In Abacus: Small Enough to Jail, Steve James follows the Sung family, who founded and operate Abacus Federal Savings Bank of Chinatown, New York. This six-branch institution has the distinction of being the only bank actually indicted for involvement in the kind of mortgage scams that crippled the American economy in 2008, draining the country of trillions of dollars. The film’s subtitle is a play on the phrase “too big to fail,” which rationalizes the bailing out of corrupt institutions like Goldman Sachs and Morgan Stanley as a means of keeping the economy from collapsing (in a direct refutation of the “survival of the fittest” ideology that capitalism espouses). The New York district attorney, however, can make a pretense of compensating for this national hypocrisy by making an example out of small fish like Abacus.
James is an intensely humanist director, best known for Hoop Dreams and The Interrupters, which attached specific faces to sprawling examinations of the cruelty and waste beget by massive bureaucracies. Abacus presents the documentarian with a challenge, as the bank is undeniably guilty of several of the crimes that the D.A. brings to court. A few of Abacus’s employees scammed customers out of cash and cooked mortgage applications, though the Sungs caught and fired them and reported the issue to a compliance committee. But there’s reason to examine Abacus’s potentially larger culpability in the crimes, and this is before we learn of another scandal that racked the bank in 2003, when an employee embezzled over a million dollars, initiating a panic within Chinatown that lead to lines of customers seeking to withdraw their money. James takes the Sungs at face value, positioning their court case as a symbol of the inequalities gripping American society.
Steve James’s film is a rallying cry, and its weaknesses as art might bolster its strength as reformatory theater.
James’s unquestioning embrace of the Sungs occasionally depends on a willed authorial naïveté, as the family insists that they never knew of the crimes being committed under their umbrella, which fosters a fascinating irony that the filmmaker doesn’t examine: that big banks who got off scot-free from their involvement in the 2008 crisis made similar claims. The Sungs even justify themselves with a modified version of the “too big to fail” mentality, correctly claiming that Abacus serves a necessary infrastructural purpose in Chinatown, which is inhabited by immigrants who live as street vendors, earning wages that are often composed entirely of cash, which can lead to subjective paperwork when the time comes to file for a housing loan. Abacus deals with low-income, non-white people who Caucasian banks won’t deign to help, enabling the flow of illegitimate and untaxed money for the greater microcosmic good. James is essentially saying that the figurative little guy has to break the rules, which are rigged to favor those who follow no rules anyway.
This isn’t to say that the filmmaker should’ve simply distrusted and villainized the Sungs, who’re captured in a series of vivid and poignant clashes that succinctly illustrate their individual roles within the family, but rather to suggest that James has found material that begs for a vast and nuanced examination along the lines of his prior epics. The filmmaker shapes this narrative into an 88-minute courtroom thriller that elides paradox and ambiguity for propulsive pacing and visceral emotional pathos. James cleverly and persuasively restages portions of the trial with courtroom sketches and vocal recordings, revealing the prosecution to depend on witnesses who’re caught lying with nearly comic openness. But such developments invite other questions: Why are so many sketchy individuals involved with Abacus? Is this a sign of something larger or merely the unavoidable textures of the banking business? These unplumbed mysteries haunt the film.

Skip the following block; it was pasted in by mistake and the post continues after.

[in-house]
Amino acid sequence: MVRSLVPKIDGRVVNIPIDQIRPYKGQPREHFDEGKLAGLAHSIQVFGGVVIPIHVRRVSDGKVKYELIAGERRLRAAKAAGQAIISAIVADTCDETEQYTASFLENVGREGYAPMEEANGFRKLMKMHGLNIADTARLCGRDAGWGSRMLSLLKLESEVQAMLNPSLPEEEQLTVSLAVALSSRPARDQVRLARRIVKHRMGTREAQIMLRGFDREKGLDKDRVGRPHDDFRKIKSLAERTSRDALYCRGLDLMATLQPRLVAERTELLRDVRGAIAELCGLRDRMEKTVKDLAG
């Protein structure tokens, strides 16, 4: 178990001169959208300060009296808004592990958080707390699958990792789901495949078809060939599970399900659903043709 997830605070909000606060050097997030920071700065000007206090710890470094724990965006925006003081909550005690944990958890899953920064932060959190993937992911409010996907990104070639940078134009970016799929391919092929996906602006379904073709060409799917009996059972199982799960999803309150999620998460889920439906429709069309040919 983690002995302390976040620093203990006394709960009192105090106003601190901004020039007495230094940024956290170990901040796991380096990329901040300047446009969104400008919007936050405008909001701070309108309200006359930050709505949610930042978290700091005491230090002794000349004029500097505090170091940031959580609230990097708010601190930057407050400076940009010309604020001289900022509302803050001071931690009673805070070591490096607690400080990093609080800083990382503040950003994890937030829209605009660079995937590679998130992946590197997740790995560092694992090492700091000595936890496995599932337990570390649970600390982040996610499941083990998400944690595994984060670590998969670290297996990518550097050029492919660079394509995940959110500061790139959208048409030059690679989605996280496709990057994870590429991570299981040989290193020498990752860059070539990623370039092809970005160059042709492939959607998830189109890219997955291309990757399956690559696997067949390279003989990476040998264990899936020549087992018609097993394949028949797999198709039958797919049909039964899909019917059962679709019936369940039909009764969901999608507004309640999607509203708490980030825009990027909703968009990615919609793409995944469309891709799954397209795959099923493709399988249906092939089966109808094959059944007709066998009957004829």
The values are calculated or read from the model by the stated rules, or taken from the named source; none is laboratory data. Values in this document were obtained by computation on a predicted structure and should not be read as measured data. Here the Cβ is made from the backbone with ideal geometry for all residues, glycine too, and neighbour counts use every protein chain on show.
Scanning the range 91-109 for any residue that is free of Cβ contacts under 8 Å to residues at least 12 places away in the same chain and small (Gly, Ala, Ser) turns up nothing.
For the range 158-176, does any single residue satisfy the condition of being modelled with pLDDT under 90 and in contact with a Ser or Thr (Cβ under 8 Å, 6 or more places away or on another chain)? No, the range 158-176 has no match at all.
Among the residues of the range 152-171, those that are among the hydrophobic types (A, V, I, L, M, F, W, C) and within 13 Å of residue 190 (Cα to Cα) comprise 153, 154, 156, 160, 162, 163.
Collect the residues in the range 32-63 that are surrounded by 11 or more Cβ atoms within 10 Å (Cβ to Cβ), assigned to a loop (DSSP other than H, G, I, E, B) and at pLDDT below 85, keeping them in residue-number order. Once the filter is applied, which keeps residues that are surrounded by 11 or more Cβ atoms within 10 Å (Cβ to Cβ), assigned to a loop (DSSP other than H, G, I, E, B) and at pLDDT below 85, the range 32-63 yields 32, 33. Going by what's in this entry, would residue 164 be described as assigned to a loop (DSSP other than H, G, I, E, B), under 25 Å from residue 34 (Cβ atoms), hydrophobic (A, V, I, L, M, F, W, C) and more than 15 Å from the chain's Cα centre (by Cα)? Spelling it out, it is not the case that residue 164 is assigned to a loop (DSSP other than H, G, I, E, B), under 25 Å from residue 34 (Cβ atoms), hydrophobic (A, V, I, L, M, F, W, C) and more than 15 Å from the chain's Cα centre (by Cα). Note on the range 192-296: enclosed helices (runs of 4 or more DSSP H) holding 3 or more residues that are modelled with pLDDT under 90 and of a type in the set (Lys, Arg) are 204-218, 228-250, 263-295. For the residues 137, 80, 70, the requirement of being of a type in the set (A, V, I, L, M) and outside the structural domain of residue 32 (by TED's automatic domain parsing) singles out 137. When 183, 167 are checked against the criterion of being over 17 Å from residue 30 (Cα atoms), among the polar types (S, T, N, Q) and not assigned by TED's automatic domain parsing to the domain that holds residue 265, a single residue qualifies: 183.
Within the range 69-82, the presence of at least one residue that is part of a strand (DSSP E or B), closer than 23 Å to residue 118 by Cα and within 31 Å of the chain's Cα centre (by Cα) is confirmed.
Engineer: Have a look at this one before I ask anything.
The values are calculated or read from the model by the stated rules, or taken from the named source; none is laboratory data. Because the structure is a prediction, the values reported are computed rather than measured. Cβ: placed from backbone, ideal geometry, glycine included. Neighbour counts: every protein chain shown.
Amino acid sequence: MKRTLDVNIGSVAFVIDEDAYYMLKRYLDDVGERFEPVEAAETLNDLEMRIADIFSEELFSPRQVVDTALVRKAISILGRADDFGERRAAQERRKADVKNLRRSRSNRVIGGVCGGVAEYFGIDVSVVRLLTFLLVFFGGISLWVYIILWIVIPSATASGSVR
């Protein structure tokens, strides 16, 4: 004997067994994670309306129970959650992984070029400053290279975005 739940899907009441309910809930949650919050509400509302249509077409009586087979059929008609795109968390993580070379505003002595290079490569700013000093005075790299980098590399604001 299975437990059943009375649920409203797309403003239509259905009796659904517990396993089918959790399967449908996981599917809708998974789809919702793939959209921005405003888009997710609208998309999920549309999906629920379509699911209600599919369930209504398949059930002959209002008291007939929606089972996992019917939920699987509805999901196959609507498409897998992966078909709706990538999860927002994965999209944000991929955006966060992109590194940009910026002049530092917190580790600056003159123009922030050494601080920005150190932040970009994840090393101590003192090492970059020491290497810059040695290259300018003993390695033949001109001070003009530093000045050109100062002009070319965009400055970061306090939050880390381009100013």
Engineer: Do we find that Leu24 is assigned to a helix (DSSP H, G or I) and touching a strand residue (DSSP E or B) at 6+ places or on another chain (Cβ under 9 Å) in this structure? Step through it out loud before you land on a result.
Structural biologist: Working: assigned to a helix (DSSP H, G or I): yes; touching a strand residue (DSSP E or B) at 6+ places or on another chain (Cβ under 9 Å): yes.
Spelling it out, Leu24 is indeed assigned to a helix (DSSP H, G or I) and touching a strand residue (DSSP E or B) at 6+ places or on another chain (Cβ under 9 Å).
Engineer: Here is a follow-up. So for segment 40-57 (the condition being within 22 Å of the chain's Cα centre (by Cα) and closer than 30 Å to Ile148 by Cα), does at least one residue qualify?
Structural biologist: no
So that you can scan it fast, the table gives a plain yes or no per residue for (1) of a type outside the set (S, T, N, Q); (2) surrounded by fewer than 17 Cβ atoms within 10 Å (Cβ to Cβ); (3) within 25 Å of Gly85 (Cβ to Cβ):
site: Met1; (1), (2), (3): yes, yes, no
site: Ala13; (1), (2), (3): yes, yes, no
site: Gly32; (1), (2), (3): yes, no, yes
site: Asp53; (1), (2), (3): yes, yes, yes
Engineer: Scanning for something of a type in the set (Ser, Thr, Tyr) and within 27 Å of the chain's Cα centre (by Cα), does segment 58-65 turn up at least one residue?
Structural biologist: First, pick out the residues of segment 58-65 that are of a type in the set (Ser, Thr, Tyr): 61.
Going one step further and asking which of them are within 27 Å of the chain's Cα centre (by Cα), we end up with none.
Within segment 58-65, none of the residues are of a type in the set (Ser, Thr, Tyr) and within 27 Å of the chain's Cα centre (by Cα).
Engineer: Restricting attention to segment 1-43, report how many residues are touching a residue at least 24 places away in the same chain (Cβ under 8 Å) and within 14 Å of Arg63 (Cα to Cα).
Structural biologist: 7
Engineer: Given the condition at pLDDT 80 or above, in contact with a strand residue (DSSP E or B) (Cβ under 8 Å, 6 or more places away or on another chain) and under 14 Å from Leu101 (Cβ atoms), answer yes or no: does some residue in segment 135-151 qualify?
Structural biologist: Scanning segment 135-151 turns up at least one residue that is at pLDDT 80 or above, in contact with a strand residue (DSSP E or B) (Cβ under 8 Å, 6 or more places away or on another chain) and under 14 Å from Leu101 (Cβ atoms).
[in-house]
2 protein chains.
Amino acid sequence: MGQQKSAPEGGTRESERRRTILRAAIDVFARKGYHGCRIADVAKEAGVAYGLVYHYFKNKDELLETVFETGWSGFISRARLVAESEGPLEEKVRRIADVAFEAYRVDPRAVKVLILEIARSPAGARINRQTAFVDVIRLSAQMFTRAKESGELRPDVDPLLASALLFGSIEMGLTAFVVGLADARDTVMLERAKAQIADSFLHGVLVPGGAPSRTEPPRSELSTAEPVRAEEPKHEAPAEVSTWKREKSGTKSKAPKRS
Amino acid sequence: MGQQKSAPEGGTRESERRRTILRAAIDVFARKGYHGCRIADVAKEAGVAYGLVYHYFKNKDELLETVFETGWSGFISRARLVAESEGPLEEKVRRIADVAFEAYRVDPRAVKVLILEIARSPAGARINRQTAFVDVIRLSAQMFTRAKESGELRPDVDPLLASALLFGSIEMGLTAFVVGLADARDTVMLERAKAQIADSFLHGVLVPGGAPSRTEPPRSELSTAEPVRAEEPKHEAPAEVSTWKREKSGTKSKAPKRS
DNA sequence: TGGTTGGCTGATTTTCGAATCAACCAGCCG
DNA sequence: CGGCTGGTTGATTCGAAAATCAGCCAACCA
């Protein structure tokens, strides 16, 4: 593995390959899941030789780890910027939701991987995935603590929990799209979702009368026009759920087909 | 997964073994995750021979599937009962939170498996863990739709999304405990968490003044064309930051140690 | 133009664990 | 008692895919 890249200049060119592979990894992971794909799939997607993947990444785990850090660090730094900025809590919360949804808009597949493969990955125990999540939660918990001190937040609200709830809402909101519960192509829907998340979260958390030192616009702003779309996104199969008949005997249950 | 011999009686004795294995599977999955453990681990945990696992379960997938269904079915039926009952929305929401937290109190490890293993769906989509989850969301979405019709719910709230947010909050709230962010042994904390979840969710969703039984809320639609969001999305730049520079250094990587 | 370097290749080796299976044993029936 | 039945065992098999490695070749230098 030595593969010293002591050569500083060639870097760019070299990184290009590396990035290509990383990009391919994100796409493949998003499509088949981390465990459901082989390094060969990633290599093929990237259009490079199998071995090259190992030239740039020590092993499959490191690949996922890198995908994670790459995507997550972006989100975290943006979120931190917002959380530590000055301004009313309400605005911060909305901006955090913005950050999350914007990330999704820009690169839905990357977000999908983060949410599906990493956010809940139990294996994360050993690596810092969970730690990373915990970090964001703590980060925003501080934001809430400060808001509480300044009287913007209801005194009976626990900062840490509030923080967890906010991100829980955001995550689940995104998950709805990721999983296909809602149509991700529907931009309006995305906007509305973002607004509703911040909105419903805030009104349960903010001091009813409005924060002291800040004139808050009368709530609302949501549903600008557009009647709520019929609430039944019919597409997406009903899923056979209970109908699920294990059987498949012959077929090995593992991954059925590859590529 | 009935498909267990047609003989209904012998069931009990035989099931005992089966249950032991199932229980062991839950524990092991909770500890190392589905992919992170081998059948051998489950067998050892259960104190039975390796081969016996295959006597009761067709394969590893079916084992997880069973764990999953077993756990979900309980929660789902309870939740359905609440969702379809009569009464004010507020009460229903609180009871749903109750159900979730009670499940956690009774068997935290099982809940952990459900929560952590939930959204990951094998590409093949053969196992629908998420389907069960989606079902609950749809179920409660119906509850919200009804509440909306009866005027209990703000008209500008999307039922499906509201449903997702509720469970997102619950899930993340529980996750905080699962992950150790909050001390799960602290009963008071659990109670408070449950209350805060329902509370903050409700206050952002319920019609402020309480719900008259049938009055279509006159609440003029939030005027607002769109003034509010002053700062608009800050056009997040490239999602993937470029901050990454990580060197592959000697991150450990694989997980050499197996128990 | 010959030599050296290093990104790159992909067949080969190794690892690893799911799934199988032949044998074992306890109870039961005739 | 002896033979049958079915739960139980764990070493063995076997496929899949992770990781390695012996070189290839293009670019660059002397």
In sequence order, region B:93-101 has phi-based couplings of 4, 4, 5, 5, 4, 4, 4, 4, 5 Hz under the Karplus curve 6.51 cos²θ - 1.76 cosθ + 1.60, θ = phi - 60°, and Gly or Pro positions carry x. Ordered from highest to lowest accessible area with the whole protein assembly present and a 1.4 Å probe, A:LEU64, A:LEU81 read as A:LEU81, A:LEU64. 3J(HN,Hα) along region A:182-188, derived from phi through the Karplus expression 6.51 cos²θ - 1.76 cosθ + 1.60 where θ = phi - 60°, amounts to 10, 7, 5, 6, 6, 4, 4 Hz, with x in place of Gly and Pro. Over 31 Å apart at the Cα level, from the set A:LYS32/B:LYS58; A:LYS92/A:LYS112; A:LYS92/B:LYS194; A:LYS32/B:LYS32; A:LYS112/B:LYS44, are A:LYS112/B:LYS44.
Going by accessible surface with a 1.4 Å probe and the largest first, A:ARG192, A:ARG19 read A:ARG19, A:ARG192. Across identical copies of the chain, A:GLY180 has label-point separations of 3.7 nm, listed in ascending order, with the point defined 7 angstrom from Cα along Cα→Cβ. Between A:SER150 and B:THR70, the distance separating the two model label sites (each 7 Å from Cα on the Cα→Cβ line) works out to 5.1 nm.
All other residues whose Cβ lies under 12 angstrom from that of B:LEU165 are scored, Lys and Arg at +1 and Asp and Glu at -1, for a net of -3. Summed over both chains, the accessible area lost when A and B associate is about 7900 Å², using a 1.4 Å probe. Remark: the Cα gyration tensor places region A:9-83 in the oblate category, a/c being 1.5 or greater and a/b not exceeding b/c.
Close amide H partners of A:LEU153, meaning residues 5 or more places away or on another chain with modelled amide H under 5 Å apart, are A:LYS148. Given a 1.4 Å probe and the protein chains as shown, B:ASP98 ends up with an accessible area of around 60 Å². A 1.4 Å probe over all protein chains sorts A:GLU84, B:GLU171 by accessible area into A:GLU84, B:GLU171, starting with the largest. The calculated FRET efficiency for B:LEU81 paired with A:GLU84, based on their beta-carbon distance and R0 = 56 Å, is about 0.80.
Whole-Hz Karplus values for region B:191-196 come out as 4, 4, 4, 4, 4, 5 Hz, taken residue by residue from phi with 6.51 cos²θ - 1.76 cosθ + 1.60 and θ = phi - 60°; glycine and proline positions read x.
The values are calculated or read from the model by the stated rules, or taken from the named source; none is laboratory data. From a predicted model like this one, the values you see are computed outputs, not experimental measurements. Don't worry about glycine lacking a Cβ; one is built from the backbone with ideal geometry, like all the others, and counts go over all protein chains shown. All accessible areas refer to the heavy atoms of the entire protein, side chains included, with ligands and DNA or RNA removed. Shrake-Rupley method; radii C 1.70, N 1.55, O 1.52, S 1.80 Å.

If James turns a calculated blind eye to these ironies, he’s acutely aware of the perils of racism and classism that are endemic to justice systems. A bullet point is announced by Thomas Sung, the family patriarch, with enraged precision: that their defense cost an estimated $10 million to mount. Regardless of how one feels about the Sungs’ involvement in Abacus’s crimes, they deserve their day in court, which is denied of countless people and smaller businesses. Interlocked with this unjustness is the double standards applied to the Sungs for being Chinese-American, particularly when the D.A. shackles the defendants like a chain gang for their arraignment hearing, for no other ostensible purpose than humiliation.
Investigative journalist David Lindorf suggests in the film that black defendants would never be treated this way, as the justice department understands the public relations nightmare that such action would provoke. That claim is debatable when one considers the despicable treatment of African-Americans that’s described in the news on a daily basis, but it indicates an important distinction: Asian-American cultures must emulate the social organization of other minority factions that have fought hard for progress. Lindorf’s interview, along with the footage of a Chinese-American communal assembly near the end of the film, clarifies James’s aesthetically disappointing but socially important sentimentality. The filmmaker is clearly positioning Abacus as a rallying cry, and its weaknesses as art might bolster its strength as reformatory theater.